- OIL & GAS
A New York manufacturing company exposed its workers to fire, explosion hazards and a potential occupational carcinogen, according to OSHA, which has levied a $51,800 fine against Salko Kitchens, Inc. "These workers face both immediate and long-term health and safety hazards from on-site conditions," said Kimberly Castillon, OSHA's area director in Albany.
Our personal risk tolerance is directly influenced by the severity of the outcome. If there is a high cost associated with a risk, we are more prone to comply with the rules set in place. While writing this post, I am reminded of today’s airline industry.
Cleaning up a site in preparation for a tour by potential investors has resulted in a $2,359,000 for Olivet Management LLC, a real estate development and management company that owns the former Harlem Valley Psychiatric Center in Dover Plains, N.Y.
A Florida construction company employee suffered severe burns to his legs and feet after becoming tripped in hot liquid asphalt – an incident which earned his company OSHA citations for ten serious safety and health violations. Proposed penalties are $63,360.
According to its website, Diversified CPC International, Inc. “believes that all injuries, occupational illnesses, and safety incidents are preventable.” Furthermore, the company “is committed to the protection and promotion of employee health and safety.”
OSHA has cited U.S. Minerals LLC with 11 safety and health violations following a September 2013 inspection at the company’s Harvey, La. facility – but that wasn’t the agency’s first visit to one of the company’s facilities.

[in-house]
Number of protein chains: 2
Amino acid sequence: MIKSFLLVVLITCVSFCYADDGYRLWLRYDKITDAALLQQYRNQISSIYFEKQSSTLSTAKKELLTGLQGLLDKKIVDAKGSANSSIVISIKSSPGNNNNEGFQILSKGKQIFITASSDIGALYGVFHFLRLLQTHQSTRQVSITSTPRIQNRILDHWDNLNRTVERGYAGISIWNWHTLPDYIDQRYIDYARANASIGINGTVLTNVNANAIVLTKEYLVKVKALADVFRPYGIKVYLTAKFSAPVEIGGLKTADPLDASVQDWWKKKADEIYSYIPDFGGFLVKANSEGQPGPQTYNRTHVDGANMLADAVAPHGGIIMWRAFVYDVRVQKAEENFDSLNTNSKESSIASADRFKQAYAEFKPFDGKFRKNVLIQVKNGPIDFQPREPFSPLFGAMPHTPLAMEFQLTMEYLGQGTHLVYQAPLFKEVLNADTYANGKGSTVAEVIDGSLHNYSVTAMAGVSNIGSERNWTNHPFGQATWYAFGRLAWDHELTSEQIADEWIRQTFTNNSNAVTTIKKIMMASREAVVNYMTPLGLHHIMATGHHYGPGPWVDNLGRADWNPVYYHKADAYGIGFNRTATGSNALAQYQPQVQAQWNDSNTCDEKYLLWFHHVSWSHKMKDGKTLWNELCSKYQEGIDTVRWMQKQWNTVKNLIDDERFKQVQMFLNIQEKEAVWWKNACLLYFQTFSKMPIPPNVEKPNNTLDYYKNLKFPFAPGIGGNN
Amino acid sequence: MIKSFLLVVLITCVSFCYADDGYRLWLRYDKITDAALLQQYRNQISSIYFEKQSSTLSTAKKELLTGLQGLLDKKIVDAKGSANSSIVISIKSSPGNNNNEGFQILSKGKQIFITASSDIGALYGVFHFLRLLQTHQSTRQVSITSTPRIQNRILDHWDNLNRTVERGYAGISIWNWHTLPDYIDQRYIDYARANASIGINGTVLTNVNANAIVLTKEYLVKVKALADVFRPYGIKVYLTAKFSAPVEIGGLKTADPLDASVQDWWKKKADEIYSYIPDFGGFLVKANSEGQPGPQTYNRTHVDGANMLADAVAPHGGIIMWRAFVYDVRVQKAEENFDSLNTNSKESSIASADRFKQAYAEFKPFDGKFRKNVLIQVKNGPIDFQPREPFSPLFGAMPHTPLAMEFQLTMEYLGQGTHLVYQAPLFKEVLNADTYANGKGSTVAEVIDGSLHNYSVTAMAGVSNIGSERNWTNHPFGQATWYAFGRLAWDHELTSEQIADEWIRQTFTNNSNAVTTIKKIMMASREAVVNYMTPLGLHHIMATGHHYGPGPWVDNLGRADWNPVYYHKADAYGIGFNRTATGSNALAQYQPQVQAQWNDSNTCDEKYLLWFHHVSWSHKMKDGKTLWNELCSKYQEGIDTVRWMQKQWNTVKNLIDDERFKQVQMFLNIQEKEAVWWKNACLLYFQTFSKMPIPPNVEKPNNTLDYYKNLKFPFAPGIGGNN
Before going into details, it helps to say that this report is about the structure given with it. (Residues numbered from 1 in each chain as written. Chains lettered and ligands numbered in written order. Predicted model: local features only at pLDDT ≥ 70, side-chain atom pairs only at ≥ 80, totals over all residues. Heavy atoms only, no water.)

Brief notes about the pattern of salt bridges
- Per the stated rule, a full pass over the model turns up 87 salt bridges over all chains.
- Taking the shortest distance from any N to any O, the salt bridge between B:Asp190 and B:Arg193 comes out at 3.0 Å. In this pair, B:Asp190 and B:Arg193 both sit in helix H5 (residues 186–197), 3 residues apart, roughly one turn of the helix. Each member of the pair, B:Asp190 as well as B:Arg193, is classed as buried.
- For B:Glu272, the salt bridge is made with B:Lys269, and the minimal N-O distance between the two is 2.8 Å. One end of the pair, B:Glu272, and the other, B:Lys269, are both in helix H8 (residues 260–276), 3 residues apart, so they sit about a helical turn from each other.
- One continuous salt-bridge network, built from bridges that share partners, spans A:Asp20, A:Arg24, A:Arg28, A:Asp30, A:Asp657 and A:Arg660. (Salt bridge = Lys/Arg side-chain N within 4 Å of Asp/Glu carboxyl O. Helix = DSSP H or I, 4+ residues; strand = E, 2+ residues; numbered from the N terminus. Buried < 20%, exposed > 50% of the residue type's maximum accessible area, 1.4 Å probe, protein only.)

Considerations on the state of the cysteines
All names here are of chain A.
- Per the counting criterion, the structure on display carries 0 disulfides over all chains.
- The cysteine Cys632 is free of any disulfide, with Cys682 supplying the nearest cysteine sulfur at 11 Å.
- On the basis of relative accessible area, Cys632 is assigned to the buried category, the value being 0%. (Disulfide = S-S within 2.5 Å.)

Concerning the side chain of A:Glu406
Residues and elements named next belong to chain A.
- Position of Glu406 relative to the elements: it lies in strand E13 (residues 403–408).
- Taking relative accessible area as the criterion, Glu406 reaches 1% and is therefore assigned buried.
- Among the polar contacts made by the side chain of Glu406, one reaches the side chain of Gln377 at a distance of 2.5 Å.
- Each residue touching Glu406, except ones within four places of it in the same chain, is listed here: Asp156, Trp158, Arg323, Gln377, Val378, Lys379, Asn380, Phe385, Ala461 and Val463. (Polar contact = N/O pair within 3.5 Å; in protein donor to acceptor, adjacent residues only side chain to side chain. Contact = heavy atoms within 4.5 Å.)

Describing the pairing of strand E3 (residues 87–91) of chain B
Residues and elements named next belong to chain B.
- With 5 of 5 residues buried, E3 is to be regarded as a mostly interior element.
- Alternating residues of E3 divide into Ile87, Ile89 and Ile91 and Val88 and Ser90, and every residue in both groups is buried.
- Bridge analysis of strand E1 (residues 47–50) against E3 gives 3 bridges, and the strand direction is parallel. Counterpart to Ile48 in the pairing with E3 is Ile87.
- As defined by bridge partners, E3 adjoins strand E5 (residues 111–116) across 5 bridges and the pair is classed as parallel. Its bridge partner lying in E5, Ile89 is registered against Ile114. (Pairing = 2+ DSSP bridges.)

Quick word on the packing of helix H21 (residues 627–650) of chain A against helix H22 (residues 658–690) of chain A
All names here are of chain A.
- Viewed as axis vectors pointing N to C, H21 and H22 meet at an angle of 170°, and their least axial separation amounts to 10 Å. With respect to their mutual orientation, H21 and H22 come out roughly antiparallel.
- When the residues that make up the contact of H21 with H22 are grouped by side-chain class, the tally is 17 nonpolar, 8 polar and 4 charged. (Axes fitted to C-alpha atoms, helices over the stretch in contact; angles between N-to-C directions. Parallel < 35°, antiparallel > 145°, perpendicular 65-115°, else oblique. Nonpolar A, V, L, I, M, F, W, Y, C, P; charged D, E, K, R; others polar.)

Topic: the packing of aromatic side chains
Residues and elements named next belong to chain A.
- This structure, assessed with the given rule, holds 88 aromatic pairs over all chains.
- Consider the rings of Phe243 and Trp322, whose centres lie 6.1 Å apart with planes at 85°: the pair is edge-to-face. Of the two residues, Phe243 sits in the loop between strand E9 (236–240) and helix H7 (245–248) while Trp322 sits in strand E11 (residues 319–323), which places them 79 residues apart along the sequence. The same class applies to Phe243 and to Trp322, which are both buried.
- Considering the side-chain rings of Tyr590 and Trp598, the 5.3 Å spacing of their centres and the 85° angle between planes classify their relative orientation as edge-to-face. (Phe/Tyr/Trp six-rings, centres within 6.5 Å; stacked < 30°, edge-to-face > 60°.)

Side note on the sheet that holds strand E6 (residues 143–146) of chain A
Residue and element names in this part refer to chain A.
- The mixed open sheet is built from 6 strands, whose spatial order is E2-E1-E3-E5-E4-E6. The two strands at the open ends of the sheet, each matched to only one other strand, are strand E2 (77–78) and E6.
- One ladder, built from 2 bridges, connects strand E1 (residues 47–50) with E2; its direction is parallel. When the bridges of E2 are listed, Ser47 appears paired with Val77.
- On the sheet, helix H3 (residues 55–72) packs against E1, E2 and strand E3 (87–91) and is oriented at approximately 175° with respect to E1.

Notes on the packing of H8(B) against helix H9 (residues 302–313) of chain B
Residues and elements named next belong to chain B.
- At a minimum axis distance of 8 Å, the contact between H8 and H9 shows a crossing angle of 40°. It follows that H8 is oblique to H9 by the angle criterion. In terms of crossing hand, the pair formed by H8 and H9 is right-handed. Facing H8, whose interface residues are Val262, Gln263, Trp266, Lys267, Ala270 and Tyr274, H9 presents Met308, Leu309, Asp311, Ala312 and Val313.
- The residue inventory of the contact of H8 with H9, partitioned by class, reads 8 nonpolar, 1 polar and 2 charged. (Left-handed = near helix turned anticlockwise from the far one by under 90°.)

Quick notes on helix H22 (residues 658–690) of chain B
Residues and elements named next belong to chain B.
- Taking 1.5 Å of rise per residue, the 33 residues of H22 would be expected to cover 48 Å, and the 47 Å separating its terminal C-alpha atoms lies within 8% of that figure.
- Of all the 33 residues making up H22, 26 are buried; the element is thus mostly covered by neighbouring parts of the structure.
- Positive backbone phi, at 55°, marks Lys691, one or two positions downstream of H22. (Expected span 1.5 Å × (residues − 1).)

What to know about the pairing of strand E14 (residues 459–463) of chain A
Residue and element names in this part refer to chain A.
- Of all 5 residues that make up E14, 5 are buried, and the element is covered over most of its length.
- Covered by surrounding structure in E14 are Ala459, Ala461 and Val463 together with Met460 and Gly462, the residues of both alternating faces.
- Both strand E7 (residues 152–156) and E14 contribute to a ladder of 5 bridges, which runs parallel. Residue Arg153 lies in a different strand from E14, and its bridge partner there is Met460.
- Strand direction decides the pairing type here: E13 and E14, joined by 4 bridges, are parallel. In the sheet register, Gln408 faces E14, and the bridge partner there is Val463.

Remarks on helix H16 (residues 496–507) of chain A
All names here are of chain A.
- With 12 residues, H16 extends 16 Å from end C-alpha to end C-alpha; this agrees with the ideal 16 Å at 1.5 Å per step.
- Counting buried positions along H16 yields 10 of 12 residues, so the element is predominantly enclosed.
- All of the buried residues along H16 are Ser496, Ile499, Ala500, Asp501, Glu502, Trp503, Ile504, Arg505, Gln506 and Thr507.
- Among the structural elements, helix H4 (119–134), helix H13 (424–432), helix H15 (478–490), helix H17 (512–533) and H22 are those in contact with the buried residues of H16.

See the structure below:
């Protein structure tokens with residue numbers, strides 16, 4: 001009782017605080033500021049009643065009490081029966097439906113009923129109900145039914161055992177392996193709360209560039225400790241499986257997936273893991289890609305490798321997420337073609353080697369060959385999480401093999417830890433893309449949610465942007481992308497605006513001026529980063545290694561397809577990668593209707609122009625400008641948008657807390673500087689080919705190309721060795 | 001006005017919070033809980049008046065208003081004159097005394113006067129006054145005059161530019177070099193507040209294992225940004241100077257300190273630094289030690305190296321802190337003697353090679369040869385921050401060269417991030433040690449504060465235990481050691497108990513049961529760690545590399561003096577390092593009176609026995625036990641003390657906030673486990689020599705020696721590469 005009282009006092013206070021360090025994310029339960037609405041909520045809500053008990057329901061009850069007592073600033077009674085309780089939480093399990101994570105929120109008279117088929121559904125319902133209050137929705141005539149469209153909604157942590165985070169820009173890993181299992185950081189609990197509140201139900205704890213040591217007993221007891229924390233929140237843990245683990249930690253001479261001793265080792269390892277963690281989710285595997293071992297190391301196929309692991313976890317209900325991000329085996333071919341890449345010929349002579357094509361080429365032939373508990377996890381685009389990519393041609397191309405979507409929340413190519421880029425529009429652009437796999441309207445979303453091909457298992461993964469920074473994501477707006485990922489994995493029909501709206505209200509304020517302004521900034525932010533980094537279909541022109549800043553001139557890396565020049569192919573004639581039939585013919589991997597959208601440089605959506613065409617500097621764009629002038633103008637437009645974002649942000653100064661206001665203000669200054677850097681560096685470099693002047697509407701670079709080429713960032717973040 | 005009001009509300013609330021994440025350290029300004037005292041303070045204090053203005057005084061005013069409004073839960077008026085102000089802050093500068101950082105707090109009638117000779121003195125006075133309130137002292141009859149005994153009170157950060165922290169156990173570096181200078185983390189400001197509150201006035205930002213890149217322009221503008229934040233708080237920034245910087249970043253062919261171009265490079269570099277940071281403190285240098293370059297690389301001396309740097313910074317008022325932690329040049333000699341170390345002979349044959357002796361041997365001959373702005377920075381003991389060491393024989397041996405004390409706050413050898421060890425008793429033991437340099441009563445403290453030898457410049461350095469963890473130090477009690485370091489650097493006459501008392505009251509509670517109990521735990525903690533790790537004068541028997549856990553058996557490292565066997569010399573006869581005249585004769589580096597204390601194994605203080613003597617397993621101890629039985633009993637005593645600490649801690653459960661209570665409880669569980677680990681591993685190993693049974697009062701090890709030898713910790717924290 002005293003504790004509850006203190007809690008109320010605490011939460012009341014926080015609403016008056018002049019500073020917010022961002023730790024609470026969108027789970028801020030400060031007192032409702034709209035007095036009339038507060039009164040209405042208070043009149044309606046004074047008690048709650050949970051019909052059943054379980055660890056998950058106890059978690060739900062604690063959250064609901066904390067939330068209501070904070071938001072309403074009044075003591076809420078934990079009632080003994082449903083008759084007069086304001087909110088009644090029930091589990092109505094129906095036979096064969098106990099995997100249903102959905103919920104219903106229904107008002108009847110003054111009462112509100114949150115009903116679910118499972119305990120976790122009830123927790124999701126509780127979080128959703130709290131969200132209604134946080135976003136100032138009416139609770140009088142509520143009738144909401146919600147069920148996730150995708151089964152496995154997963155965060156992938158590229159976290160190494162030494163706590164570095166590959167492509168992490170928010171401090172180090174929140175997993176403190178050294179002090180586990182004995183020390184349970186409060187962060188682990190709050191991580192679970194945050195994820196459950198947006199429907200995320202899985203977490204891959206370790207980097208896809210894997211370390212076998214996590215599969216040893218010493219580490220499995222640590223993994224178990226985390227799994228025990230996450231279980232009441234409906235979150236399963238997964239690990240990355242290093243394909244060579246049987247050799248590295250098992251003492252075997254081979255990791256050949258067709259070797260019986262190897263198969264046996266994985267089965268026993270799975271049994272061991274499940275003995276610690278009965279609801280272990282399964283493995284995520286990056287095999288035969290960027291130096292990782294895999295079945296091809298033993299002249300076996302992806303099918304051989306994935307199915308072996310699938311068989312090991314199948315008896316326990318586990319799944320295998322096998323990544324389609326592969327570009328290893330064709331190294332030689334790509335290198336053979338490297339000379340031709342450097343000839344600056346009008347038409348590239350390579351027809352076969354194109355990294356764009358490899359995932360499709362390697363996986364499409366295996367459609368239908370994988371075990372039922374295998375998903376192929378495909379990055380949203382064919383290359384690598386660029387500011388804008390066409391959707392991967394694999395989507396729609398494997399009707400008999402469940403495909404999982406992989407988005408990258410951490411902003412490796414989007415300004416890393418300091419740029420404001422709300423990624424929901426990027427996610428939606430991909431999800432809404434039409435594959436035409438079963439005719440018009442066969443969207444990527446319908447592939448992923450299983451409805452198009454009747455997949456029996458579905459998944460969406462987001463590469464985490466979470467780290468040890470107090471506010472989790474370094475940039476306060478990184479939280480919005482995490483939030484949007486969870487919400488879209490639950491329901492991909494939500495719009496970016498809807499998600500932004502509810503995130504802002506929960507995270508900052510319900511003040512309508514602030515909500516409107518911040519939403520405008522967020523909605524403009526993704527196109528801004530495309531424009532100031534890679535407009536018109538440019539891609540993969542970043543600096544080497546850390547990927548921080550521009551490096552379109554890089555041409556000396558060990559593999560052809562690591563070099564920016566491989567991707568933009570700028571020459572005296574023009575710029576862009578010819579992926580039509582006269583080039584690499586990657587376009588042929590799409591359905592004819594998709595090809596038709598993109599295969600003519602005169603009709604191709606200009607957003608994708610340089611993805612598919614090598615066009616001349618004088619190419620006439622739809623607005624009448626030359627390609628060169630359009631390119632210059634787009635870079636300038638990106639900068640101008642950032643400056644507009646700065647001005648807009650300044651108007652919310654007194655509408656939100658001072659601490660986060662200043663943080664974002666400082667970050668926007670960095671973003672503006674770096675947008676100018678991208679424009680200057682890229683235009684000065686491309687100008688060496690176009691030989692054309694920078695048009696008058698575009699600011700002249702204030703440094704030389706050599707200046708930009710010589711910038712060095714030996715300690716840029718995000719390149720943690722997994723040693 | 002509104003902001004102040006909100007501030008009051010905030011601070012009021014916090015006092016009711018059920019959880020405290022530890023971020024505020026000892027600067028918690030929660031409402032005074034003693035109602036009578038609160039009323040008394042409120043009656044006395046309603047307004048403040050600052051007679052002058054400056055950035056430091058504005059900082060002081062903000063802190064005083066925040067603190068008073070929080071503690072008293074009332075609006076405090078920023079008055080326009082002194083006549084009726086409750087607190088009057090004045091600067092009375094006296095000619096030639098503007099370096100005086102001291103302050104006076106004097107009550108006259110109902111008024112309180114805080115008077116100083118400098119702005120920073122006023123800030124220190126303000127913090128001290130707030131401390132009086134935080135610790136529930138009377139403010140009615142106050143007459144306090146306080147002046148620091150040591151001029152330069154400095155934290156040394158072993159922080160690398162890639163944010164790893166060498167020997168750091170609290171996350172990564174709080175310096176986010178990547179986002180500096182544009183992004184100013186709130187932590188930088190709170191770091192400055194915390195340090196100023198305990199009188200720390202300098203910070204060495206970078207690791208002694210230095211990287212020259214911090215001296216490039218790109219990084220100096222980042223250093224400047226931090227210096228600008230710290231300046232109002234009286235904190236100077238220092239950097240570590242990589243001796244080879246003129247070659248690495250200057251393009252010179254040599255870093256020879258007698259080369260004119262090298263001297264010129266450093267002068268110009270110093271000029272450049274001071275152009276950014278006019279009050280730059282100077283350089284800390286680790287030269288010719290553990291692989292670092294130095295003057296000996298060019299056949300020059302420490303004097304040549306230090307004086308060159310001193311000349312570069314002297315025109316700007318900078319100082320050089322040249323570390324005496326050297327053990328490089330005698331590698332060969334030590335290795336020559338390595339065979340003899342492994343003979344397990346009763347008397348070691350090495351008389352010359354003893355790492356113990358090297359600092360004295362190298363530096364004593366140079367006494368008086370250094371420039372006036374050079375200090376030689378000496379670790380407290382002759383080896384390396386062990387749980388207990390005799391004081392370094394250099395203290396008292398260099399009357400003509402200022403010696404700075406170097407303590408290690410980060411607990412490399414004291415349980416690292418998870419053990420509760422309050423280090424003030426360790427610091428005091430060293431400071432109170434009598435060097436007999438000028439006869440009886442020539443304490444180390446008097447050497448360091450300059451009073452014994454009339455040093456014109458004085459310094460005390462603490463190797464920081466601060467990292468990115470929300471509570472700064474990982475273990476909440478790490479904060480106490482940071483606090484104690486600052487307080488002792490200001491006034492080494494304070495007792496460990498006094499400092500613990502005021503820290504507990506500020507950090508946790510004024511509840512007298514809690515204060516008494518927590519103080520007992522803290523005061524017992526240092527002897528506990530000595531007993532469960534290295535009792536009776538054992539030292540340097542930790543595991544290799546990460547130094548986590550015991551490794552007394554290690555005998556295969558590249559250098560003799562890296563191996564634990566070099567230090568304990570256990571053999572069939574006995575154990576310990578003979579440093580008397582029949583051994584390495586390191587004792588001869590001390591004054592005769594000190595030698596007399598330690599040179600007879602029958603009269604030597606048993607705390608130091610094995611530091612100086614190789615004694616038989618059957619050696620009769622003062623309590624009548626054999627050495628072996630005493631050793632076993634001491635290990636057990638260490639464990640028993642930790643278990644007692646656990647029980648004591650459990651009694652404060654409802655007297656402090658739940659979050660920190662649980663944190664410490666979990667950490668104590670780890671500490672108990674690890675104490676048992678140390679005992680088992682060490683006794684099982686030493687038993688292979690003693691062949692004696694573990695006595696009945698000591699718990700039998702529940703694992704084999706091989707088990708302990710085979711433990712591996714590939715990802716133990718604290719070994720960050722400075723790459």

A construction worker fatality at East Georgia State College in Swainsboro, Ga. has resulted in five safety violations against Smiley Plaster Co. The company faces $57,000 in penalties.
New Wave Plastics has been cited for 13 safety violations after OSHA found a lack of training and personal protective equipment at the company’s Cleveland facility, a recycler and plastic products supplier. After receiving a complaint in November 2013, OSHA initiated an inspection of the facility.
A Colorado company and the framing subcontractor it used to locate a damaged water pipe have both been cited for safety violations, after OSHA inspectors found their workers in a trench that exceeded 11 feet in depth with no cave-in protection.
In a meeting earlier this month with the National Stone, Sand & Gravel Association, Assistant Secretary of Labor for Mine Safety and Health Joseph A. Main updated NSSGA's board of directors on recent actions taken by the Mine Safety and Health Administration to improve miner safety and health.
Check out ISHN's new Infographic page! Learn more about worker safety through these interactive images. CLICK HERE to view the page.